Where a child/young person is deemed to be in need of immediate protection the appropriate action should be taken. Consideration should always be given to the least intrusive form of intervention ensuring that the child/young person is not left at risk of significant harm. For example, under the Family Homes and Domestic Violence (NI) Order 1998 consideration can be given to a parent applying for an Exclusion Order to exclude an adult who poses a risk to a child/young person from the family home, or a Non-Molestation Order to protect the child/young person from the person of concern assessed as posing a risk to the child/young person. Whilst these legal remedies obviate the need for the child/young person to leave the family home or to be separated from the rest of their family, such provisions should only be relied upon if the parent or person caring for the child/young person can comply with the terms of such court orders and ensure that the child is afforded an appropriate level of protection.

If the enquiries under an Article 66 investigation, at any stage, indicate that a child/young person's risk of suffering significant harm cannot be managed by voluntary measures in co-operation with the family, the HSC Trust should secure the immediate safety of the child/young person by applying to the court for an Emergency Protection Order or Interim Care Order (either of which can include a provision to exclude contact between a child/young person and a specified adult) and ensuring the child/young person is in a safe place.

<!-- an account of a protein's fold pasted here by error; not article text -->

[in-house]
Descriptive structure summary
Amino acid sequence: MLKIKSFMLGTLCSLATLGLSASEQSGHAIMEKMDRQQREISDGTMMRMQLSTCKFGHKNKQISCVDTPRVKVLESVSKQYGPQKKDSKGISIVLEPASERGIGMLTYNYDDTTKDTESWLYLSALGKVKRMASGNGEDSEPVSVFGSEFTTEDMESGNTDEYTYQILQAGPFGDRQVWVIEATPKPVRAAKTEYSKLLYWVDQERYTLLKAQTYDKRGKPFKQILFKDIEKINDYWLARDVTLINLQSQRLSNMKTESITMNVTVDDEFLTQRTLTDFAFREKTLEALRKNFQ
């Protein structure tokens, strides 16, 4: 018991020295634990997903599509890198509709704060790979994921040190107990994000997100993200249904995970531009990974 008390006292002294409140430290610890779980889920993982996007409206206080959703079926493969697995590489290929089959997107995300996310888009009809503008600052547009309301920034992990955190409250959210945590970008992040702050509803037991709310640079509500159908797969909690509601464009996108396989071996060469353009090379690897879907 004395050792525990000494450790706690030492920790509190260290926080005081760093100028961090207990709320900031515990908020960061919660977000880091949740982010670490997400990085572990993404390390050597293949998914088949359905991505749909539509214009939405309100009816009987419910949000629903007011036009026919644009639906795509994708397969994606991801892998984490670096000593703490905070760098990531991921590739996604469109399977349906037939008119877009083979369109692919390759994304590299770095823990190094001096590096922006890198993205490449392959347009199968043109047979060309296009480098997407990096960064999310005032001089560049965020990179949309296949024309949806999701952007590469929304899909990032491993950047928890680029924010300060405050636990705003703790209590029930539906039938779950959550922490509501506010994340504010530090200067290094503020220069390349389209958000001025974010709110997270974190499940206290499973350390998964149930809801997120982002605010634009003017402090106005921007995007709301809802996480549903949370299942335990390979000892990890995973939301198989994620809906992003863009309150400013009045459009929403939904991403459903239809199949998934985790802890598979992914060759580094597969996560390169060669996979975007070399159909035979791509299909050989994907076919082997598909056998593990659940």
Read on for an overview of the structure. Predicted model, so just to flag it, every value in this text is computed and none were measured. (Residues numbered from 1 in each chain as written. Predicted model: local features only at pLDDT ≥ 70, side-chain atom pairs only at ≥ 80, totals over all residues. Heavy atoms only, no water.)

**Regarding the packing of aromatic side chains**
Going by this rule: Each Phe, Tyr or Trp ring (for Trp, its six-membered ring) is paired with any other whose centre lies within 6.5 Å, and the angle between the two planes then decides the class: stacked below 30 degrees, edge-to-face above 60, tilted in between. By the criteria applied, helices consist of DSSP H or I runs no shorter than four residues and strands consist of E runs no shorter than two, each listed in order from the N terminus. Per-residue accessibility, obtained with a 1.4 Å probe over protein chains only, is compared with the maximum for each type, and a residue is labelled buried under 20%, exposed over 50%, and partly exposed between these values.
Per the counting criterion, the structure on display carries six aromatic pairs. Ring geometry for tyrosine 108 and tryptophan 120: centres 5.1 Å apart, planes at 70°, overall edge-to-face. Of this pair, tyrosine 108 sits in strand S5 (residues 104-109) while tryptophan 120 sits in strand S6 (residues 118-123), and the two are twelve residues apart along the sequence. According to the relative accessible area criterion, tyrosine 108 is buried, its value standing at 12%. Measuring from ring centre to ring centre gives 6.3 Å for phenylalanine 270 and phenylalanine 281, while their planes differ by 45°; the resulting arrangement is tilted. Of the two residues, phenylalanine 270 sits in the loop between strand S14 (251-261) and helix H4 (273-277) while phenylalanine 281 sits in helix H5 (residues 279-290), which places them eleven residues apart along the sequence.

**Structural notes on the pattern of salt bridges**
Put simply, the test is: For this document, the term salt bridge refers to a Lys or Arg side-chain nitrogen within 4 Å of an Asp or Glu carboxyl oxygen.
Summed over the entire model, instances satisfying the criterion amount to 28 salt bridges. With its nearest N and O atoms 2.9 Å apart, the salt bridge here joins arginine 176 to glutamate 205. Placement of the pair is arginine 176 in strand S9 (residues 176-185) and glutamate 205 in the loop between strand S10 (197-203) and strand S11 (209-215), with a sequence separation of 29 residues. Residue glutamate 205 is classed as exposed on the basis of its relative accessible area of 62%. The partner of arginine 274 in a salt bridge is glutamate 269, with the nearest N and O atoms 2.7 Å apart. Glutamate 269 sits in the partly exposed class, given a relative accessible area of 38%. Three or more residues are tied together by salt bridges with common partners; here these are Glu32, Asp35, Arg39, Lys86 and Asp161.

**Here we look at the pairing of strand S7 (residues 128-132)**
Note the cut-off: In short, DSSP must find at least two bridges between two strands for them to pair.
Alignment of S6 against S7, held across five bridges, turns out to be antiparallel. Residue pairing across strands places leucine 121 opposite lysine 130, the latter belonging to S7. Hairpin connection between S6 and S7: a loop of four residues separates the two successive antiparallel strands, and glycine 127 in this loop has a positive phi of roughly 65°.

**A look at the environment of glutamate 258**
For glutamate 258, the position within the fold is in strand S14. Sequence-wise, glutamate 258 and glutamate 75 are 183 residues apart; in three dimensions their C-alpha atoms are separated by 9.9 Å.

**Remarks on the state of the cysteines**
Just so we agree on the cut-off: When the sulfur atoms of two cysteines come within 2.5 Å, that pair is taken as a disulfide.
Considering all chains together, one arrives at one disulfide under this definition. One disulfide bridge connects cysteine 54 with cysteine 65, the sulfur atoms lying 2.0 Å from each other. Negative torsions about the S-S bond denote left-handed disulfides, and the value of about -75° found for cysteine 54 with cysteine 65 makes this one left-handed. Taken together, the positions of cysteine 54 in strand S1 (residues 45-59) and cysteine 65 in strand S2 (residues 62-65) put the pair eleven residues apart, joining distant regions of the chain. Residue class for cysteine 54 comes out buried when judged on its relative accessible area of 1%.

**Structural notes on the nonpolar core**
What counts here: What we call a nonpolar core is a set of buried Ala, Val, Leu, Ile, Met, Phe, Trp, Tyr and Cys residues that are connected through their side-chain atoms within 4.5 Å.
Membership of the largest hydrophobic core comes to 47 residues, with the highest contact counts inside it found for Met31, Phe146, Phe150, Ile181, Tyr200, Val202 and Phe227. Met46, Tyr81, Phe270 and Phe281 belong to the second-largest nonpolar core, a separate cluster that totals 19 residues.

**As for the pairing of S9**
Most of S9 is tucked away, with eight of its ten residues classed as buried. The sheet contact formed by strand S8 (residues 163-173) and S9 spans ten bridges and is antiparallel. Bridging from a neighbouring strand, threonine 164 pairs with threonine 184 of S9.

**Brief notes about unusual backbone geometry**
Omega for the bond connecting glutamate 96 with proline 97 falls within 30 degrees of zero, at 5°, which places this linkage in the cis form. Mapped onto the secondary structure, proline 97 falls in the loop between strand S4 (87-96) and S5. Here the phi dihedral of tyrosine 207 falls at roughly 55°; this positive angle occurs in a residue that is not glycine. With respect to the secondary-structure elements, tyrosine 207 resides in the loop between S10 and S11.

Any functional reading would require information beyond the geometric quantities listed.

Legal advice should be sought where necessary before taking action to remove a child/young person from his/her family. The Trust Director of Children's Services (or nominee), Senior Social Work Manager or Out-of-Hours Co-ordinator must authorise any immediate protective action necessary to protect the child/young person that is taken without legal advice. The reasons for these actions must be recorded on the child/young person's file and signed by the manager making the decision.